Another useful measure of spectral compactness is out-of-band power (OBP). FIG. 14 shows the OBP measurements for the three modulation schemes considered. For example, the one-sided 99% power bandwidths (OBP=-20 dB) for DQPSK, π/4-DQPSK, and PFM4 are approximately 2.7, 1.5 and 1.1 symbol rates, respectively.
While the power spectra and OBP are both of interest, the best indication of adjacent channel interference is given by the signal-to-interference ratio (SIR), where the interference power is that passed by the specific receive filter to be used. For the results described herein, the same RRC receive filter with roll-off r=0.6 was used for all three constant envelope modulation schemes. FIG. 15 shows the SIR in dB for two equal power adjacent channel interferers, versus the channel spacing in symbol rates.
As an example, assume an SIR of 20 dB is acceptable. Then the required channel spacings for DQPSK, π/4-DQPSK, and PFM4 are approximately 2.7, 2.0 and 1.6 symbol rates. The SIR for an ideal DQPSK (or π/4-DQPSK) system with a linear amplifier is also shown for comparison. The required channel spacing for the ideal system is about 1.3 symbol rates. This figure also shows that the SIR for PFM4 at a channel spacing of 2 symbol rates is about 12 dB and 9 dB better than that for DQPSK and π/4-DQPSK, respectively.
FIG. 16 shows the theoretical BER performance of DQPSK, π/4-DQPSK, and PFM4 assuming ideal coherent detection (with differential decoding) in an AWGN channel with no adjacent channel interference (ACI). These BER performance results were obtained by computing the probability of bit error for each point in the scatter diagram and averaging over all bit patterns. The theoretical performance of ideal coherently detected (differentially decoded) DQPSK with a linear amplifier is also shown for comparison. As expected from the scatter diagrams illustrated earlier, the performance of all three schemes is about the same, with π/4-DQPSK showing slightly poorer performance at high SNRs. The degration from ideal is only about 0.5 dB at a BER of 0.01.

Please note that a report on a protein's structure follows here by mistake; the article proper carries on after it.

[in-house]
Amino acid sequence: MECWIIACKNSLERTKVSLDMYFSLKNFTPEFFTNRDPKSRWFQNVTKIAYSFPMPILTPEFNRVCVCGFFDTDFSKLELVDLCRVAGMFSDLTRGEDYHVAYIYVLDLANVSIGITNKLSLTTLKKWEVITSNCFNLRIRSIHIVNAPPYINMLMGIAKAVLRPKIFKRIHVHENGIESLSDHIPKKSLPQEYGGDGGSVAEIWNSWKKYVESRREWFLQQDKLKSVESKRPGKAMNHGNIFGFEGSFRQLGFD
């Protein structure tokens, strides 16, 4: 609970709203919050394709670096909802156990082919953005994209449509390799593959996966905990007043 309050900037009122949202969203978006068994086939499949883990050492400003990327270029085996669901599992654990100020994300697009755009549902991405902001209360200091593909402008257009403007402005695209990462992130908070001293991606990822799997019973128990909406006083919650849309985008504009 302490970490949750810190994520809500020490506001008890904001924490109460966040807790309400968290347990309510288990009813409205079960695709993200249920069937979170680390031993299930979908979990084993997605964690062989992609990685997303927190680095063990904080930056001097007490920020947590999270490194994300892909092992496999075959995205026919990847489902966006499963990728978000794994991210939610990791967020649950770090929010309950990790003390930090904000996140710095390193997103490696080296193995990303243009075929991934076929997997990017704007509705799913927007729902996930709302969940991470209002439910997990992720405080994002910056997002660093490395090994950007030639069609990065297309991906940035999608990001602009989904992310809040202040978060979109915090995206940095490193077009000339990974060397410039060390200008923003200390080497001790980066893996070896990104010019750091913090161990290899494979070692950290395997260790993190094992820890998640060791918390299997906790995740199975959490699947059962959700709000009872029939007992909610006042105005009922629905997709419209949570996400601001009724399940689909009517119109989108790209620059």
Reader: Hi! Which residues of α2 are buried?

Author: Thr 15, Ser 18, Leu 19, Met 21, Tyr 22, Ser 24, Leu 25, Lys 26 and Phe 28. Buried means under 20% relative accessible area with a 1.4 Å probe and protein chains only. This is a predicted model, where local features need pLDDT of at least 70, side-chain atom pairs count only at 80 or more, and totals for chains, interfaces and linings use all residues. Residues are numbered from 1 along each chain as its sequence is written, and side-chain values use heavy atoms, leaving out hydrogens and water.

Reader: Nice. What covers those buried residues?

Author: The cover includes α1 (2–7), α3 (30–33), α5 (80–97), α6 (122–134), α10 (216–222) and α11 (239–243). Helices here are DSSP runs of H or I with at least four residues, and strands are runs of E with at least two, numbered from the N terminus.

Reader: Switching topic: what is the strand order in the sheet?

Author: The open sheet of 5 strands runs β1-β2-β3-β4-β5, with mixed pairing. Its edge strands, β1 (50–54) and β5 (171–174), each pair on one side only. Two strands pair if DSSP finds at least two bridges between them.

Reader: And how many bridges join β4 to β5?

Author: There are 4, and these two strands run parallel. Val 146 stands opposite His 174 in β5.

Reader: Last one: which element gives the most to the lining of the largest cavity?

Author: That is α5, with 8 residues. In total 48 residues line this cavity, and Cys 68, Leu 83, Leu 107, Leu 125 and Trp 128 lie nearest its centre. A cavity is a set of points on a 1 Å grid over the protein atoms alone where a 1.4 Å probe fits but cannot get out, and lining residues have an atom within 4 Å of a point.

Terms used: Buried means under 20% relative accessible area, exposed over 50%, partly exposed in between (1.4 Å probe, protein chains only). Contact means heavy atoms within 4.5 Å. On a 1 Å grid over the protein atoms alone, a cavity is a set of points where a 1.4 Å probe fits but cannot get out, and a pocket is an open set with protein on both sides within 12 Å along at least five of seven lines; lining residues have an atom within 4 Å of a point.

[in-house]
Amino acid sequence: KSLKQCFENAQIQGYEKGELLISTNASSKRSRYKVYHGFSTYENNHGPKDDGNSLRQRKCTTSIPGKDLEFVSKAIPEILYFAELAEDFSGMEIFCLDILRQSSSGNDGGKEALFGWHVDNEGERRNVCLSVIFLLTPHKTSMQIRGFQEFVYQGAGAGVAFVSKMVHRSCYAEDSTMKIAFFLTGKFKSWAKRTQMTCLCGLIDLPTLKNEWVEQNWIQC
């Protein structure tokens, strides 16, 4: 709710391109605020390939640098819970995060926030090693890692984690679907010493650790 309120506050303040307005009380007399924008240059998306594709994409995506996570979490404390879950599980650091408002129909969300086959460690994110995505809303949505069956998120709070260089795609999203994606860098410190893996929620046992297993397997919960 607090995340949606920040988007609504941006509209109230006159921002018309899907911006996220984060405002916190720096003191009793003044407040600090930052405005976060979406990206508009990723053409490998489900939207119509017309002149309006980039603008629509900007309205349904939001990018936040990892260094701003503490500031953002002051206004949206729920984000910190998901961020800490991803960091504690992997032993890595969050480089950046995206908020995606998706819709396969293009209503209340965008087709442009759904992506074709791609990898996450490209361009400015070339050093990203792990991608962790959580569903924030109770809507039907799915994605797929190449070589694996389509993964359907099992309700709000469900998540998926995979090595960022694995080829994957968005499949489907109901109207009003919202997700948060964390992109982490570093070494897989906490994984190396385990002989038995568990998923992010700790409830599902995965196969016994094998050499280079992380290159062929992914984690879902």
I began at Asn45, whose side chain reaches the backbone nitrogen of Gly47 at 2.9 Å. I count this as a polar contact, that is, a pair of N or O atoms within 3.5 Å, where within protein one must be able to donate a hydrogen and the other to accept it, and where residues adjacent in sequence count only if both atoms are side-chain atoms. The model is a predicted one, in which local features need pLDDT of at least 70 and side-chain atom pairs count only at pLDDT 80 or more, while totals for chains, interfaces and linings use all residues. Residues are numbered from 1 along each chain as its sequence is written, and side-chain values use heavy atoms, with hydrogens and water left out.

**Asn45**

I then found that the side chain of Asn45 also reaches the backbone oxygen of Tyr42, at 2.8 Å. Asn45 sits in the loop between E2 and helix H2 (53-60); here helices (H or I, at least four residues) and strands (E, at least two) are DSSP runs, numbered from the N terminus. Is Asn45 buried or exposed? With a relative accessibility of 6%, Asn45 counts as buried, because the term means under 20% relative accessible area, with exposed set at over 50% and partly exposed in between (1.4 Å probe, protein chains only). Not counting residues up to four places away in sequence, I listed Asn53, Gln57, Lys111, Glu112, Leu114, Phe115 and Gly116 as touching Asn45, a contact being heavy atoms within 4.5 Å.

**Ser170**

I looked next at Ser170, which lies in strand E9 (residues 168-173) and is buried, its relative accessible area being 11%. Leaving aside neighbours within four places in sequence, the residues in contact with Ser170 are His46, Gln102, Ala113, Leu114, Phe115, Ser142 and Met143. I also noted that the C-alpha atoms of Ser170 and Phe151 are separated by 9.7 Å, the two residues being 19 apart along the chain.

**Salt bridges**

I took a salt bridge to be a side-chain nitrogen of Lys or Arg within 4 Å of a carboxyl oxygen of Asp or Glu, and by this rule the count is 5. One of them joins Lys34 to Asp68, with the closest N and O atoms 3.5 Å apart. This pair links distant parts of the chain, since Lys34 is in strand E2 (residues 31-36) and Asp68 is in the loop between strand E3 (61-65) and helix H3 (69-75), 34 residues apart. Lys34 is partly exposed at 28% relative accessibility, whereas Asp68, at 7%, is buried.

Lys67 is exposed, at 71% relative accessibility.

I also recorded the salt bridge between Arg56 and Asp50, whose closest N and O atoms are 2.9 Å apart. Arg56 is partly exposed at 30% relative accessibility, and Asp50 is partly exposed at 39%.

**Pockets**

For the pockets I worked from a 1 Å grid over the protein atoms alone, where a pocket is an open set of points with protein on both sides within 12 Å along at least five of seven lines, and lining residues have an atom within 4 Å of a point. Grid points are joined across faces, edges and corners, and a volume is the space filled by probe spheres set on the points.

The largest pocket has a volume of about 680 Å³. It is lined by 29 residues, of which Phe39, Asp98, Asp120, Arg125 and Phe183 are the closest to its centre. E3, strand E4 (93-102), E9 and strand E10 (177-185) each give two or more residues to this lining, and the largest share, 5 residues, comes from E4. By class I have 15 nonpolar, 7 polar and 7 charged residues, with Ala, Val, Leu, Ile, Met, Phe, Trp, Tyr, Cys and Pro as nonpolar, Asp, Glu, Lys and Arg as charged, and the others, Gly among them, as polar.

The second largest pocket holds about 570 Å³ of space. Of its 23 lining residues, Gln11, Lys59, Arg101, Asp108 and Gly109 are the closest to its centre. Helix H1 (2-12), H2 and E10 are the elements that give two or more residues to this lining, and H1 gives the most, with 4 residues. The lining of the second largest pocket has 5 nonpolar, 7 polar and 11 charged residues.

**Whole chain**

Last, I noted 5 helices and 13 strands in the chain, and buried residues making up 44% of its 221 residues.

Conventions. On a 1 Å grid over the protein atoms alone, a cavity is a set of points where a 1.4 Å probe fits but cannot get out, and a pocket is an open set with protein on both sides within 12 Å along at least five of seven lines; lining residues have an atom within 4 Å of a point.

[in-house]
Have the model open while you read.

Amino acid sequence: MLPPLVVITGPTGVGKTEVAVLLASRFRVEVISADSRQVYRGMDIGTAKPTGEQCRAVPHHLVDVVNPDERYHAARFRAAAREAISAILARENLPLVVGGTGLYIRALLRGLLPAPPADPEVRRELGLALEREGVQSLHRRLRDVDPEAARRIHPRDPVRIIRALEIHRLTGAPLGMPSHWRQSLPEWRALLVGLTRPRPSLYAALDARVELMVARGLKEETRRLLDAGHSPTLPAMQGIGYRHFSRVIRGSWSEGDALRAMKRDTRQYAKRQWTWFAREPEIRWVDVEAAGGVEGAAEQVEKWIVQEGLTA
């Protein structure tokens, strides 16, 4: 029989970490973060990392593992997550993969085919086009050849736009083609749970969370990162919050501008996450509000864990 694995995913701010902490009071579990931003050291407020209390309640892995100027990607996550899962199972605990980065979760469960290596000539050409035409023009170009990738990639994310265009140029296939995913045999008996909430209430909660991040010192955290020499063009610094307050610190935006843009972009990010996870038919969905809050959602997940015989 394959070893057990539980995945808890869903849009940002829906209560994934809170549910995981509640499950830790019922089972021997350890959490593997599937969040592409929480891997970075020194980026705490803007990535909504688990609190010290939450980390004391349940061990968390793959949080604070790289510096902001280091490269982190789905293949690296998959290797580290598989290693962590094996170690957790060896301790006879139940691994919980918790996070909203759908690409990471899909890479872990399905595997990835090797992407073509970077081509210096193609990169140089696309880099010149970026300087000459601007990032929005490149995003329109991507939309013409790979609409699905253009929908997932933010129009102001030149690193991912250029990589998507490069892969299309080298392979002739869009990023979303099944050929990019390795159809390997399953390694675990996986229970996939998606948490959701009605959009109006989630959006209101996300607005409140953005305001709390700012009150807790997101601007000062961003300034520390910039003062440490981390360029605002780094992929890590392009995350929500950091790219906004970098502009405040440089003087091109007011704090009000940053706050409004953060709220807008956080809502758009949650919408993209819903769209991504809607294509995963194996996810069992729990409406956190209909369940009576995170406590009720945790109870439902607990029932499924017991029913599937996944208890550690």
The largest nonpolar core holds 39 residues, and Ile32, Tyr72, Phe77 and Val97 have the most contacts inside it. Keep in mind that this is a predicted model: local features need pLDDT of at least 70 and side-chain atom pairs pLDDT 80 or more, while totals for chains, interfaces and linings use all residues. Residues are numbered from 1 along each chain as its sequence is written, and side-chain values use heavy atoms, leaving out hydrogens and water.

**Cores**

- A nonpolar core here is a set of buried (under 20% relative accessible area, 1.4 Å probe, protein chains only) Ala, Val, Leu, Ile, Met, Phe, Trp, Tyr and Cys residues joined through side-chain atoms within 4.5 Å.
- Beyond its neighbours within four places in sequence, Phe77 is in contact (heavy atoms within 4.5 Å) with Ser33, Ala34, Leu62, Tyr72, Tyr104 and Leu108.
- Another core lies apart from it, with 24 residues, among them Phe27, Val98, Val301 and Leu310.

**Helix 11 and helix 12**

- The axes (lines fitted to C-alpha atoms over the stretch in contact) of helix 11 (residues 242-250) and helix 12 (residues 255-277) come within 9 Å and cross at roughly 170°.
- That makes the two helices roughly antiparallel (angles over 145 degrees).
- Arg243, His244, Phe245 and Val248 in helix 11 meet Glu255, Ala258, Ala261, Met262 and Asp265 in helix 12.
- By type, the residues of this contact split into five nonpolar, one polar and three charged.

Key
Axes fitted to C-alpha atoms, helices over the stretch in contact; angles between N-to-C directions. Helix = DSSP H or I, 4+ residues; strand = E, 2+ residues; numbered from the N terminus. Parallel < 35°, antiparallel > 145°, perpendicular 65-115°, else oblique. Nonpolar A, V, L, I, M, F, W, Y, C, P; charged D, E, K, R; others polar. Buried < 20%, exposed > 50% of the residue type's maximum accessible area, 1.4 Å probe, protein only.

FIG. 17 shows the theoretical BER performance of the three schemes assuming ideal coherent detection (with differential decoding) in an AWGN channel with ACI. The channel spacing is 2 symbol rates and the adjacent channels are 5 dB stronger than the channel of interest. The theoretical performance of ideal coherently detected (differentially decoded) DQPSK with a linear amplifier and no ACI is also shown for comparison. As expected from the SIR results, PFM4 provides much better BER performance than DQPSK and π/4-DQPSK with ACI.
FIG. 18 shows the simulated BER performance results for differential detection in an AWGN channel with no ACI. The theoretical performance of ideal differentially detected DQPSK with a linear amplifier is also shown for comparison. The performance of PFM4 is essentially the same as DQPSK.
FIG. 19 shows the simulated BER performance results for differential detection in an AWGN channel with ACI. The channel spacing is 2 symbol rates and the adjacent channels are 5 dB stronger than the channel of interest. The theoretical performance of ideal differentially detected DQPSK with a linear amplifier and no ACI is also shown for comparison. As expected from the SIR results, PFM4 performs the best and DQPSK performs the worst.
A new precompensated FM (PFM) modulation technique has thus been described above and its performance characterized for a specific case of 4-level signalling with modulation index h=0.25 (PFM4). PFM4 looks like a constant envelope version of π/4-shifted differentially encoded QPSK (π/4-DQPSK), and the same type of coherent or non-coherent I-Q detector can be used to detect both schemes. Performance of the above, and DQPSK were characterized, using a low-cost power-efficient nonlinear amplifier, such as a class-C amplifier operating in saturation. Bit error rate (BER) performance of the three schemes is shown to be about the same in AWGN with no adjacent channel interference (ACI). However, the performance of PFM4 is typically much better than the performance of the other two systems when ACI is present. With a channel spacing of two symbol rates, the SIR of PFM4 is about 12 dB and 9 dB better than that experienced by DQPSK and π/4-DQPSK, respectively.
An additional advantage of PFM4 over the other two systems is the ability to easily trade-off spectral efficiency and BER performance (with no ACI). Accepting another half of a dB degradation in BER performance can significantly reduce the spectral sidelobes. This trade-off involves picking different pulse shaping filters and receive filters as well as applying different amounts of precompensation.
A person understanding this invention may now conceive of alternative structures and embodiments or variations of the above. All of those which fall within the scope of the claims appended hereto are considered to be part of the present invention.
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|U.S. Classification||375/296, 375/322, 375/302, 375/286, 330/149, 455/114.3, 375/331, 375/271, 714/759, 375/285, 332/125, 332/124, 455/63.1|
|International Classification||H03F1/32, H04L27/12|
|Cooperative Classification||H04L27/12, H03F1/3241|
|European Classification||H03F1/32P, H04L27/12|